Taps run dry in Zimbabwe’s capital Harare

Taps in Zimbabwe’s capital of Harare ran dry on Tuesday after it had to shut its main waterworks because of a shortage in foreign currency to import treatment chemicals, the city council said.

“We exhausted our water budget due to inflation and fluctuating currency,” city council spokesman Michael Chideme told dpa.

Residents in impoverished areas were forced to fetch water from rivers or wells, raising fears of water-borne diseases such as cholera.

Last year, Zimbabwe suffered one of the worst cholera outbreaks in a decade due to burst sewers and inadequate water supplies. In 2008, over 5,000 lives were lost to the disease.

“We have no option after we got up with our taps dry; we will boil water for drinking to avoid cholera,” said Esther Karwe, a resident who was fetching water from an open well.

However, boiling water could also become an issue due to frequent power cuts.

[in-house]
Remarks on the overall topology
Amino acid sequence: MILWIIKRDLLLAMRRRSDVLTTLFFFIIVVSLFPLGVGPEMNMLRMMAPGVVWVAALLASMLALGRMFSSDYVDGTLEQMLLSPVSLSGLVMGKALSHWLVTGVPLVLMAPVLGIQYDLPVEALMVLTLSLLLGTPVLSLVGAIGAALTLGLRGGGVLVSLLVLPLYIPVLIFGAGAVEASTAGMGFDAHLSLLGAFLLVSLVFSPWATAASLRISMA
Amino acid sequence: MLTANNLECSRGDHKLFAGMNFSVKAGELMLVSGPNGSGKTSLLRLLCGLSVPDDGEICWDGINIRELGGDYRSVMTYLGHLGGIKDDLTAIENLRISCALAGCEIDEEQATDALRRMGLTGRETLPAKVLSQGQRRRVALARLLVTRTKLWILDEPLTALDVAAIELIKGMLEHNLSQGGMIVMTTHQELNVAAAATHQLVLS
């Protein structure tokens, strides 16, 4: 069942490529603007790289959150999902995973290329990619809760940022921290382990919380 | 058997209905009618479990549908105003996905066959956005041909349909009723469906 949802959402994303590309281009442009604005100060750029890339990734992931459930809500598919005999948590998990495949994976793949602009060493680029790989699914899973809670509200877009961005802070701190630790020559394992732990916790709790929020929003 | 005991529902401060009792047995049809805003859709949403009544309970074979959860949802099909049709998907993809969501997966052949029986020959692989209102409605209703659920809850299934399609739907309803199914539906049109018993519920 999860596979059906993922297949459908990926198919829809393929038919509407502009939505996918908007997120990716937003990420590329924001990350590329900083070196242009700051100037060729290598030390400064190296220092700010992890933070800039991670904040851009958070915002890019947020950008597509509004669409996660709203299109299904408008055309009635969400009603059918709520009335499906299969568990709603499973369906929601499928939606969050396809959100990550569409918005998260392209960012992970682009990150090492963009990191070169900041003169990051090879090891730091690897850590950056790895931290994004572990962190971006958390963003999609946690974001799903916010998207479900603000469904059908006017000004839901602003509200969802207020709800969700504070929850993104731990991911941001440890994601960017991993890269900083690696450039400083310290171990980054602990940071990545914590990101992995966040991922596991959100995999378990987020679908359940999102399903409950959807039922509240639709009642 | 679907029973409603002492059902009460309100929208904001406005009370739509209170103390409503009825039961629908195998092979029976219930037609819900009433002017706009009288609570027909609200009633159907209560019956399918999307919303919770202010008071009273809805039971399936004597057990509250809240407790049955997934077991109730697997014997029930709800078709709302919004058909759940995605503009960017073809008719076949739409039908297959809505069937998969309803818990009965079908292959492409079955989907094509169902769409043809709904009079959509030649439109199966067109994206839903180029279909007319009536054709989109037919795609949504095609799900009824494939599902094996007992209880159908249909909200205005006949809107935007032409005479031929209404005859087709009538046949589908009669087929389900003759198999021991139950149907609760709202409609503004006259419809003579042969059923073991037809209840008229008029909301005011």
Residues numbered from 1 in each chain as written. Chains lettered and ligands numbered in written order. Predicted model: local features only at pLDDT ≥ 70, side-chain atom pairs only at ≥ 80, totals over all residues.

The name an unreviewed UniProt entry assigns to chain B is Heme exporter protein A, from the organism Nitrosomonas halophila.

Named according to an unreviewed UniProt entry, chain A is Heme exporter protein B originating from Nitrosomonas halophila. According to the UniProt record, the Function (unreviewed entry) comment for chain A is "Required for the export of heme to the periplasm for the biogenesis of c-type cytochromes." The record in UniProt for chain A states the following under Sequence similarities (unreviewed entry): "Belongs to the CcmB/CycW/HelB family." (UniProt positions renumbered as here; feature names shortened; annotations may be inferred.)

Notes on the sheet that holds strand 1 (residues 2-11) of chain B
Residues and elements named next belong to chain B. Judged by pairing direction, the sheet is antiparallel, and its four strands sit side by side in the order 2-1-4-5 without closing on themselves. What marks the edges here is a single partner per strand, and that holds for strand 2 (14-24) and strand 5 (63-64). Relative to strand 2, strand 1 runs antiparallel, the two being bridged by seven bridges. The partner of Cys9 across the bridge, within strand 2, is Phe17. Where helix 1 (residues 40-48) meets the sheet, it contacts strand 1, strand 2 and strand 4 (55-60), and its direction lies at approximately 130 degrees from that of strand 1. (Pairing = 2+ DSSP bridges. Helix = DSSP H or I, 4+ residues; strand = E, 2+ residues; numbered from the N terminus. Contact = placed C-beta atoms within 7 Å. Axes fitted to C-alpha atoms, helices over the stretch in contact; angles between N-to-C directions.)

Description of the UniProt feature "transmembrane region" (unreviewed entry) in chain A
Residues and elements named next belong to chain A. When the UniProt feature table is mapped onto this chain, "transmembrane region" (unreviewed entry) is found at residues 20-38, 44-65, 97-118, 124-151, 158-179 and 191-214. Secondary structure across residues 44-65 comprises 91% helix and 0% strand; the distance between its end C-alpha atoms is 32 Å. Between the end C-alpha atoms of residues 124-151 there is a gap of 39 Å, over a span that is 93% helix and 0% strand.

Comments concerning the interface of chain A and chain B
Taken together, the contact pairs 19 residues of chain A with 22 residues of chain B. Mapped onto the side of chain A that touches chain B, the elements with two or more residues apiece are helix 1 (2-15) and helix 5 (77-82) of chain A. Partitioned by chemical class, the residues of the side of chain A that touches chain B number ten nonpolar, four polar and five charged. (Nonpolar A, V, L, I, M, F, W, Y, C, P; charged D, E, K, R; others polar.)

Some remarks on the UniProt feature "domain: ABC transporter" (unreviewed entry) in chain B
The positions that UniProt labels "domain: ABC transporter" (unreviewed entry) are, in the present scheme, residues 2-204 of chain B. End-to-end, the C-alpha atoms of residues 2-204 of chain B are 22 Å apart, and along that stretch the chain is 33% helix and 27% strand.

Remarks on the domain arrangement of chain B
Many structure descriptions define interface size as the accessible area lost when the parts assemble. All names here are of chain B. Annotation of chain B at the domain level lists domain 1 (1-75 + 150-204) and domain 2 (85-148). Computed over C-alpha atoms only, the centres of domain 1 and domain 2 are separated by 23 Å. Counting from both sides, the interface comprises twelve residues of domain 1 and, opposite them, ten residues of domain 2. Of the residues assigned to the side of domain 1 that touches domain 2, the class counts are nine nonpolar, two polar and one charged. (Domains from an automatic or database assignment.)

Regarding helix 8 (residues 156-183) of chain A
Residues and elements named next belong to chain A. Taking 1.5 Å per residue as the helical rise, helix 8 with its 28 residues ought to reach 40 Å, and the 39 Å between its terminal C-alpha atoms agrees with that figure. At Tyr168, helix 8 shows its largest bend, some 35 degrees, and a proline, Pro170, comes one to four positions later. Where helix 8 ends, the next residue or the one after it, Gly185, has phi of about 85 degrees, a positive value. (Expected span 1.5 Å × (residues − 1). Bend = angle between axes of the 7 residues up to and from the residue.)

President Emmerson Mnangagwa vowed in June to reintroduce Zimbabwe’s own currency by the end of the year in a bid to bring economic stability to the cash-strapped nation.

It abandoned its own currency, the Zimbabwe dollar, in 2009 due to massive hyperinflation.

The country, which was also hit by cyclone Idai in March, has been on the brink of infrastructure collapse for a number of years with around 5 million Zimbabweans dependent on aid.

Chideme said they are hoping to acquire some chemicals this week, but conceded he was “not sure for how long that will be.”


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